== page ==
The discriminatory language against minorities was also detected in those media outlets that describe themselves as analytical media. In their articles and reports about the problems faced by minorities, authors also create their negative image. Thus, the media contribute to the spreading of xenophobia – ethnic, religious, social and other types.

[1] World Press Freedom Index[1]!/


Summary of the Hate Speech Report

 29-12-2015, 00:00

Summary of the Hate Speech Report


Hate speech is widely spread in the media, on the Internet, and in public discourse of Kyrgyzstan. In 2015, more than a one-third of Kyrgyzstanis have either heard, seen or read in the media the statements expressing disapproval, hatred or aggression against minorities, which, in opinion of groups studied under this research, can lead to violence.


In 2015, the number of social groups that are seen as victims of hate speech and possible victims of hatred-based crimes has increased. If in previous years experts mainly identified definite ethnic groups, the analysis of the media sphere by the end of the year showed that the main target of hate speech in Kyrgyzstan are ethnic groups, Muslims and LGBT.

Peacemakingschool Launching Anti-Hate Speech Project

 10-11-2015, 00:00

Peacemakingschool Launching Anti-Hate Speech Project

The project aims to monitor and analysis of hate speech in the media and public discourse, development of recommendations, and public outreach campaign to prevent violence and discrimination against minorities in order to protect human rights and basic freedoms. 


Call for Tomorrow’s Peacebuilders Award!

 14-09-2015, 15:56

Call for Tomorrow’s Peacebuilders Award!Tomorrow’s Peacebuilders are the global awards for local peacebuilding. Awarded annually, they offer international recognition for grassroots peace activists in conflict-affected countries worldwide. These are inspiring individuals who are building a better tomorrow for their communities, in the world’s most fragile and needy places.More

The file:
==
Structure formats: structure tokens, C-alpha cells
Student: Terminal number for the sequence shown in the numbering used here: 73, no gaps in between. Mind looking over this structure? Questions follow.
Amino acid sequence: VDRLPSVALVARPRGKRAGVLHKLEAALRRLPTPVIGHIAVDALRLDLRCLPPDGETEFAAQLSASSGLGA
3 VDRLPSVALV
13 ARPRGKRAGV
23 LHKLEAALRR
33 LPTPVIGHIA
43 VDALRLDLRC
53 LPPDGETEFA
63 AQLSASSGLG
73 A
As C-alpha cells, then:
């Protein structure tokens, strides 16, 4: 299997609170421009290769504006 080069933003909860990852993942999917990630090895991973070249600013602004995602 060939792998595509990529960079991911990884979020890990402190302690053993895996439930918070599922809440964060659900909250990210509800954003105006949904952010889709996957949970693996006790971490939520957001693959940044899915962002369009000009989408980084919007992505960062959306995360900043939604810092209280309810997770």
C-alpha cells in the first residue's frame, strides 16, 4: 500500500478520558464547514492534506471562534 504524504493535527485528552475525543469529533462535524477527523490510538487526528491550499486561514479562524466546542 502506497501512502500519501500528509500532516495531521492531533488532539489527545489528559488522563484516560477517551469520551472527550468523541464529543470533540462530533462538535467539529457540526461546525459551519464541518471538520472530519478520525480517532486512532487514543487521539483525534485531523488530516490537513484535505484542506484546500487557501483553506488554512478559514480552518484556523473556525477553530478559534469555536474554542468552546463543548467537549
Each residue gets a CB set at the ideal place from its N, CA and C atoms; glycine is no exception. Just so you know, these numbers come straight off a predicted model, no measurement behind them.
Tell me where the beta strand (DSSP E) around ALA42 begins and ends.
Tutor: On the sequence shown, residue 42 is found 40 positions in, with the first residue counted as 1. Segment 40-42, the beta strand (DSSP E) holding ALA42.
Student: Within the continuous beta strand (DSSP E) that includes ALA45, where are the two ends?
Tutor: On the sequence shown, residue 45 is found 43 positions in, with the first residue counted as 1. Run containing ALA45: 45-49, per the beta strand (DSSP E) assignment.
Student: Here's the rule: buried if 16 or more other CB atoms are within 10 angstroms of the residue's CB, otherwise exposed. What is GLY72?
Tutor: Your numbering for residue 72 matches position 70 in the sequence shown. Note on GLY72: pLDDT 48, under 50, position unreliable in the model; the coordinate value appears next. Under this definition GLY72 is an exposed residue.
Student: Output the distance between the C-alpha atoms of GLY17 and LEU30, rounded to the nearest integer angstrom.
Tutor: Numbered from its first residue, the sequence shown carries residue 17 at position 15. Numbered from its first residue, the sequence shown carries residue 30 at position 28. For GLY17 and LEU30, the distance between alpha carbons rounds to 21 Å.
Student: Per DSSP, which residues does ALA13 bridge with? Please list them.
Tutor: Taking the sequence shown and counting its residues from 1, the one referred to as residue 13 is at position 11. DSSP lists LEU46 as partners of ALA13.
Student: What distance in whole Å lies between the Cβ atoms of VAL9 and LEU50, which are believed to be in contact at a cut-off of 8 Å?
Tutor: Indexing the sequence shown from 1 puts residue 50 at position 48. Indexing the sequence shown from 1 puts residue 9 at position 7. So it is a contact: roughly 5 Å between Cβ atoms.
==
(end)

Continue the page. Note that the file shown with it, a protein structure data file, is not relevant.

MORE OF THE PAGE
• Military men near the aftermarket during mass clashes, Osh, June 201

  • Training’s participants on mediation and conflict management are building the Tower of Peace, Bishkek, April 2011

  • Training in destroying stereotypes for journalists, Bishkek, April 2012

  • Workshop on production of team reporting in multinational journalist groups, Bishkek, August 2012

Incidents map

Education & Trainings


The School of Peacemaking and Media Technology in Central Asia announces an annual competition among students from Kyrgyzstan, Kazakhstan,…


Workshops on Peacemaking Journalism


25 journalists and media workers from various regions of Kyrgyzstan have been trained to counter the propaganda of violent extremism and hate in…



Webinar "Key tools of destroying stereotypes and cliche during reporting conflict" (88 MB) in Russian, trainer- Arif Aliyev, Azerbaijan.


Camp for Media Innovations

Inside View